Powderhorn Ski Area
Old Powderhorn Trail Maps:
Left: An overview of the ski area from Highway 65.
Right: Powderhorn's Logo
Resort History:
Skiing on the Grand Mesa began back in the 1930’s when a rope tow
was installed at an area called Land’s End.  Shortly after World War II,
skiing reappeared outside of Grand Junction at Mesa Creek.  Initial
developments consisted of only a rope tow.  The Grand Mesa Ski Club
(GMSC) opened a small slope at Rimrock, also on the Grand Mesa.  The
area operated only when plows could clear the roads up to the base.  By
the late 1950’s, the GMSC added two poma lifts at Mesa Creek, which
added sizable terrain to the area.  

Initial survey tours of the Powderhorn site began in 1958.  Members of
the GMSC included Jack Force, Jerry Pesman, and Frank Kreps.  
Representative from the United States Forest Service (USFS) included
Bob Scholz, Bill Laverty, Dan O’Roupke, Don Bock, Ray Tikka, and
Paul Hauk.  Both groups recommended development of a ski area on this
site.  Gordy Wren of Steamboat Springs and Whip Jones of Aspen
Highlands conducted separate evaluations and came to similar conclusions.

In March of 1964, the Small Business Administration issued a loan to the
“Colorado Grand Mesa Ski Corporation” for 380,000 dollars.  Along
with this, the ski area’s stock was issued at one dollar per share.  Resort
officials sold 225,000.  With enough capital to begin construction,
engineering studies, permits, and the resort design began to take place.  
Building of the area’s Riblet double chair began during the summer of
1966 and was ready for the following winter.  Initially, Bill “Butch”
DePaemelaere of Winter Park managed the area.  

For the first ski season, Powderhorn hosted 21,000 people.  This fell
short of the projected attendance and the ski area lost over 57,000
dollars.  The following year, a California investment company called
“Powderhorn Resort Corporation” joined forces with the initial owners to
continue development.  During the early 1970’s the West End lift was
installed, doubling the ski area’s terrain.  Along with the new chair, various
buildings at the base were constructed.  Financial problems quickly
resurfaced.  The ski area had trouble obtaining water rights for
snowmaking.  Many downstream ranchers claimed senior status, which
greatly limited the amount of snowmaking.

During the early 1980’s, a proposal for the Rifle Ski Area surfaced.  This
worried officials at Powderhorn since Rifle’s site had more vertical drop,
snow, and land.  The western slope suffered a depression following in
1982 with the oil shale bust.  While this ended the proposal for Rifle, it
also strained Powderhorn’s money situation even worse.

Powderhorn was sold in 1986 to Jim Scott of Texas for two million
dollars.  Scott was an executive for a large cable company down south.  
His initial plans were to pour over twenty five million dollars into
Powderhorn.  This included new lifts, lodging, trails, ice-skating, hotels,
and condos.  For the 1987-88 season, Poma installed a new Alpha series
quad chair.  Along with the quad, the EZ Rider double chair was installed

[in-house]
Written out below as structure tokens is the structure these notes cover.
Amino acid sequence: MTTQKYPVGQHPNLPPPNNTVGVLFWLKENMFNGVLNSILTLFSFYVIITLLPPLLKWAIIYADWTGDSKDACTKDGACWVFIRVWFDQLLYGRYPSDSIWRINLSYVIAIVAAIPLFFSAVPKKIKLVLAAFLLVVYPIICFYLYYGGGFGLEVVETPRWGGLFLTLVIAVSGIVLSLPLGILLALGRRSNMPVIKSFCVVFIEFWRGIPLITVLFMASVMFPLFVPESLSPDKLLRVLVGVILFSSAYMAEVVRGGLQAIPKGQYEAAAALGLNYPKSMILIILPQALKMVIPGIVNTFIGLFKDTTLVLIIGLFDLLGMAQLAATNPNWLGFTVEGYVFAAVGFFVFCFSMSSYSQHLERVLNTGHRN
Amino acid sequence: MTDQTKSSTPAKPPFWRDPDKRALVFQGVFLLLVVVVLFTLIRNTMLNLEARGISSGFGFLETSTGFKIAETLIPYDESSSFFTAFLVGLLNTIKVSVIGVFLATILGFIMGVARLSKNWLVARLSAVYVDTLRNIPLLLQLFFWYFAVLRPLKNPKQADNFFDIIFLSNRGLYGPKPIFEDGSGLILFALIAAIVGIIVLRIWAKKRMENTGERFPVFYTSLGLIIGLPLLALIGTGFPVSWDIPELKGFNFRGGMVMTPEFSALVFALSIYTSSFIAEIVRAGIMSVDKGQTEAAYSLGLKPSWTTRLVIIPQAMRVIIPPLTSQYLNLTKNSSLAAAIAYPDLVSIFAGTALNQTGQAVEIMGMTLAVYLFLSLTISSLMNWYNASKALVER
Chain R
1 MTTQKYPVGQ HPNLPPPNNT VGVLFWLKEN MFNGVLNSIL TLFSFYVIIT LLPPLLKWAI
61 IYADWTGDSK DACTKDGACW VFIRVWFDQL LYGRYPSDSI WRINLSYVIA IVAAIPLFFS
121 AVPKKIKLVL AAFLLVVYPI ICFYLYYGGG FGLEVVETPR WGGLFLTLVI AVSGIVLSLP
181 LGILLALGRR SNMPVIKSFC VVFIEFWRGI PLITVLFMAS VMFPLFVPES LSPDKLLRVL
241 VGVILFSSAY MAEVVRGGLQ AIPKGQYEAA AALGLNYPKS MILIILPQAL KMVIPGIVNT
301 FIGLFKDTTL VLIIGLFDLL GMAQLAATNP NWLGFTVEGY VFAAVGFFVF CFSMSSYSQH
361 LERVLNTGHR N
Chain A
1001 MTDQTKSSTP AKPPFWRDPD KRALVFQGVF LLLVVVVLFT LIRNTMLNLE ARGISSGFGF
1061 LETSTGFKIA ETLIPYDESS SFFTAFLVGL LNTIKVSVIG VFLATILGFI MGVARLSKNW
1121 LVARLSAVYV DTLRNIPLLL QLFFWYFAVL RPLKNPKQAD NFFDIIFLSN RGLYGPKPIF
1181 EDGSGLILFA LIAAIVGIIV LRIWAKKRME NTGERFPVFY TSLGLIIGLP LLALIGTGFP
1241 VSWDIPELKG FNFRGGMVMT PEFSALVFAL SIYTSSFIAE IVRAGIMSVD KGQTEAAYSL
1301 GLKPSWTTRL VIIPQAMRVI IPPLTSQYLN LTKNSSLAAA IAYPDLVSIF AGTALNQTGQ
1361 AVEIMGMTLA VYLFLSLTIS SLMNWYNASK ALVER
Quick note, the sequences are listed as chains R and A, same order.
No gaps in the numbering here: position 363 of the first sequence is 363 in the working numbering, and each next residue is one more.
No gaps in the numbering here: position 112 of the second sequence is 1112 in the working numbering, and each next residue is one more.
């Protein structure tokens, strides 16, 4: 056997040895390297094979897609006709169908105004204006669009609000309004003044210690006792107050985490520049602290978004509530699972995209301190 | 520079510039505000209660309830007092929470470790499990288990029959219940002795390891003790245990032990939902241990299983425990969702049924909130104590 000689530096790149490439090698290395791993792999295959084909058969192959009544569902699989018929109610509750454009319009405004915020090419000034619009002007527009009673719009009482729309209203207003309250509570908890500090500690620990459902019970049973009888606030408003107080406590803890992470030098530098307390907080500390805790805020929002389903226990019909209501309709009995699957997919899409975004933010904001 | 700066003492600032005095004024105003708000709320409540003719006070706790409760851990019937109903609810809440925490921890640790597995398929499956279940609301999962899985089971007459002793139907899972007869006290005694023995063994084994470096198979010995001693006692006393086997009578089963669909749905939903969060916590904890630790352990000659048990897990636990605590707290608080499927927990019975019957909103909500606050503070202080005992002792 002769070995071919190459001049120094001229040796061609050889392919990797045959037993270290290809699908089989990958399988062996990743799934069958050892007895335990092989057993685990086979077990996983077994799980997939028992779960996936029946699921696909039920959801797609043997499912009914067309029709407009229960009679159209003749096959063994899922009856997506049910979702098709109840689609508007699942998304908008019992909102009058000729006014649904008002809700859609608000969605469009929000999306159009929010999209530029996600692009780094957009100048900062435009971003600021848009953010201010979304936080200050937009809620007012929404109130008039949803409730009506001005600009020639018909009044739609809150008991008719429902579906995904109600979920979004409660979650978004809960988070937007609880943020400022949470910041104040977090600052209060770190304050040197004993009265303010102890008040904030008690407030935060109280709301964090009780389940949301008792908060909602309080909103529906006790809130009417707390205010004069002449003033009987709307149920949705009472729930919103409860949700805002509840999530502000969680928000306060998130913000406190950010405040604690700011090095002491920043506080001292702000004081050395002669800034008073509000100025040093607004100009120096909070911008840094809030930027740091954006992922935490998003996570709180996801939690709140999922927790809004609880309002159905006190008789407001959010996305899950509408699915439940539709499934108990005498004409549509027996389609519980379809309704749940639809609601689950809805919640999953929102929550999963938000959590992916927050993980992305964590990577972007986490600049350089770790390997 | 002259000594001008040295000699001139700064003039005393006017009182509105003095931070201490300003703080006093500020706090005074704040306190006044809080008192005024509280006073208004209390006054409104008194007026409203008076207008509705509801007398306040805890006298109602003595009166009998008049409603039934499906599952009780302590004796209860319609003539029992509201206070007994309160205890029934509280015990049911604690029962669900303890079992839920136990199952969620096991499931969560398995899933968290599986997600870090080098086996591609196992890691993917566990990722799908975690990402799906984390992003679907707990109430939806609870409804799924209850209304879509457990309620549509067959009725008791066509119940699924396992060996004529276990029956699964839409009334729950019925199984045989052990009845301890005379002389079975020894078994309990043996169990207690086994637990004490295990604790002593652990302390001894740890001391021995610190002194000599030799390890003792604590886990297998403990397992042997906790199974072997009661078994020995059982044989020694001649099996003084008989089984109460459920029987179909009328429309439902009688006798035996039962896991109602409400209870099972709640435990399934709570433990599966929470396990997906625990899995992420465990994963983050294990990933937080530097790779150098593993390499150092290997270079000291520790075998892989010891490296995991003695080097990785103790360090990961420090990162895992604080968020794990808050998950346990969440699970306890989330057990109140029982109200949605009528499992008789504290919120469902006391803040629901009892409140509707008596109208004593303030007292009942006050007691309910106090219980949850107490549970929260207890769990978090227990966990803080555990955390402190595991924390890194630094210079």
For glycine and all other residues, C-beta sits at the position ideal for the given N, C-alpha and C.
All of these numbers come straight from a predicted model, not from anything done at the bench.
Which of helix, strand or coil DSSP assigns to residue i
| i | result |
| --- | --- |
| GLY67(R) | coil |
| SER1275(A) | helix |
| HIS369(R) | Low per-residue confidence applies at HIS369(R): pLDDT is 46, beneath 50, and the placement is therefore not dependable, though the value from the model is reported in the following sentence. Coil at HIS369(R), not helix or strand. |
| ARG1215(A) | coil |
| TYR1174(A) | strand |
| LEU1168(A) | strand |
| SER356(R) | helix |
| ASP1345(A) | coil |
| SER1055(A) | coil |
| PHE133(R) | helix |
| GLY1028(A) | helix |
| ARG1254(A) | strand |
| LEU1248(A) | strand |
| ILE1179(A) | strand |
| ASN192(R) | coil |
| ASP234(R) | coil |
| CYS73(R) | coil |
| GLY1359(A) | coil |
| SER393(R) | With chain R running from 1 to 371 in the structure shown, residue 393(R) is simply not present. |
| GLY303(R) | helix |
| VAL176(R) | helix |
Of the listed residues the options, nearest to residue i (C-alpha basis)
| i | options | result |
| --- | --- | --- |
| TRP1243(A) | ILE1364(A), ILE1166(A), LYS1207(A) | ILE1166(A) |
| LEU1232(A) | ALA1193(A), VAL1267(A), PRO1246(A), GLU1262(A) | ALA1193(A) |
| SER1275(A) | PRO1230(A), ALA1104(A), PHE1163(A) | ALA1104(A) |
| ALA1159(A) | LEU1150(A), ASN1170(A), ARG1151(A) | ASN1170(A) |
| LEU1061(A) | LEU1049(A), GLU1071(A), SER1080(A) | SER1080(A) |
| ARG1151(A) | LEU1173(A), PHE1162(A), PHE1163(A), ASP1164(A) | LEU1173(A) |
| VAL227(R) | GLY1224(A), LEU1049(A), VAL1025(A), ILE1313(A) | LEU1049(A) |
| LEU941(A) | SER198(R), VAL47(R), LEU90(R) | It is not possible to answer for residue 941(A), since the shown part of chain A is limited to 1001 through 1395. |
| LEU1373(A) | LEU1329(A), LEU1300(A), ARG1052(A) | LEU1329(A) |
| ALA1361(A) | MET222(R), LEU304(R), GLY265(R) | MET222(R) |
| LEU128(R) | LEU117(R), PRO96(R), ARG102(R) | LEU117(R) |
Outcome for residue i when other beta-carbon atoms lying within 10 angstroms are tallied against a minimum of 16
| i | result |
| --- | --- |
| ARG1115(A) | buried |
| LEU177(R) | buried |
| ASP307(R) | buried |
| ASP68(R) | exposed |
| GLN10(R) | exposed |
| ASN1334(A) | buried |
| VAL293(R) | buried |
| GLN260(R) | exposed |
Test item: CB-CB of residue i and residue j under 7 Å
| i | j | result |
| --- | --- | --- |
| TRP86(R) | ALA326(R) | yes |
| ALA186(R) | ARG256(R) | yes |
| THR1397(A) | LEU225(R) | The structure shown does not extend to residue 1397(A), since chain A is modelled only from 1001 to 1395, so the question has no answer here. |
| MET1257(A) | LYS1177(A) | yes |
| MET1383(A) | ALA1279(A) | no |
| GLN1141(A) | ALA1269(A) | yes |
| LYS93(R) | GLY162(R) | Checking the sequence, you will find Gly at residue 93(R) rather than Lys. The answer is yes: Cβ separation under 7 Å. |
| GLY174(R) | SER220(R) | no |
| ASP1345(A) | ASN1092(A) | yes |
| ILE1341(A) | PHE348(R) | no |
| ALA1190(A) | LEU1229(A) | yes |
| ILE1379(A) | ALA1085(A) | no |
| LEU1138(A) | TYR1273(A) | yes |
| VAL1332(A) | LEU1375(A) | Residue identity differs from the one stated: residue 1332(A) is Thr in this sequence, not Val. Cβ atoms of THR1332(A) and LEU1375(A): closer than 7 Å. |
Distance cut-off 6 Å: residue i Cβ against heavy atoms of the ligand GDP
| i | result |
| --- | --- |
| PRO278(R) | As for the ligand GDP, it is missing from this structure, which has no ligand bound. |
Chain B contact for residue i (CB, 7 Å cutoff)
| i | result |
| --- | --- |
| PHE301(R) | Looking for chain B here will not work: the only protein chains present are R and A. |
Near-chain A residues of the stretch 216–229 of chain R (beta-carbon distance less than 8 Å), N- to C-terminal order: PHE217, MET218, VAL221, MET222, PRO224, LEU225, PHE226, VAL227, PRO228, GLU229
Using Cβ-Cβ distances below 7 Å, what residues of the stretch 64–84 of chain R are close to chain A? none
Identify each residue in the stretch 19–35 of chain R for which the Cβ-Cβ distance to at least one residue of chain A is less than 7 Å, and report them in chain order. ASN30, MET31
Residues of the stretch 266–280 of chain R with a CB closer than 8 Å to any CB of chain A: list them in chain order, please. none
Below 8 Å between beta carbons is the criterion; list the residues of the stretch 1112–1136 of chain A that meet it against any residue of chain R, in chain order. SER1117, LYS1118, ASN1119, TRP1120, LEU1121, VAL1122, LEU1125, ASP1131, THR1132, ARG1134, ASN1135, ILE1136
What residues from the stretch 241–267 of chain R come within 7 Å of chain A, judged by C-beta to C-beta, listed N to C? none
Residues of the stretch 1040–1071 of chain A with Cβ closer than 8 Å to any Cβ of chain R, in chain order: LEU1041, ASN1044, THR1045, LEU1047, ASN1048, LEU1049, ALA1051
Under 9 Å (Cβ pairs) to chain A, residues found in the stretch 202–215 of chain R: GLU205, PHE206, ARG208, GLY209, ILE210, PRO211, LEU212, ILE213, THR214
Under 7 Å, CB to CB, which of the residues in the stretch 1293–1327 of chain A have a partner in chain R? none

to serve beginner skiers.  By 1989, Powderhorn was over 500,000
dollars in debt, despite record crowds.  The following year, Powderhorn
fell into Chapter 11 bankruptcy in Dallas, TX.

Powderhorn’s operation was in jeopardy for the 1990-91 ski season.  
Due to the fact the ski area was in bankruptcy, the USFS wanted to make
sure the ski area was stable before issuing a permit for the season.  To
obtain one, they made the following requests: audited financial statement,
cash flow estimates, credit reports, and one million dollars in liability
insurance.  In a strange court decision during 1990, operating rights were
granted back to the Grand Mesa Ski Corporation and their over 400

By 1991, the Internal Revenue Service entered the picture when they had
more than thirty million dollars in claims against the Powderhorn
property.   In August of the same year, a federal bankruptcy judge
ordered liquidation of all assets at the resort.  Before this happened, a
Japanese company called the Marufuku Group, owners of Breckenridge,
offered to purchase the area for 6.25 million dollars.  The judge accepted
the offer.  Before the sale was complete, the transaction fell through.  
Ralson-Purina, the animal food company and owners of Keystone Resort
purchased Marufuku and decided not to go ahead with the Powderhorn

The ski area operated for the 1992-93 ski season and hosted over
72,000 skiers.  Tickets were 26 dollars with no new improvements.

Ted Martin, land developer and resident of Telluride, became interested in
the area and eventually purchased the resort in October 1995.  For the
1997-98 season, Powderhorn posted record skier visits, which topped
out at over 88,100.  The ski area operated for three years under his
supervision until it sold again in 1998.

The High West Group of Ridgeway, Colorado purchased the ski area
from Martin in November of 1998.  The new owners have been building a
slopeside community since the late-1990’s.  
The area's terrain park.
Powderhorn offers scenic views.
The Base Area
West End offers excellent glade skiing.
Riding down on the trail Snowcloud.
The Mad Dog Glades
The EZ learning area.
Looking over at the Wildewood Inn
Current Resort Stats: *
Riding up the Take Four quad lift.
Pros and Cons to Skiing Here:
+ Great area suitable for families.
- Slow chairlifts
+ Aspen glades are fun to ride
- Limited terrain
+ Slopes are uncrowded
- Far from Denver and Front Range
+ Views from the Grand Mesa are
world class.
- Area typically does not receive
much snow
+ Ski in/out lodging is available
A Mogul Field on Snow Cloud
Insider Tips to Skiing Here:
Take Four from the Parking Lot
West End
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*Resort Stats Current for 2009-10

The Colorado Ski Museum
Powderhorn Ski Area

Picture Credits:
Brad C.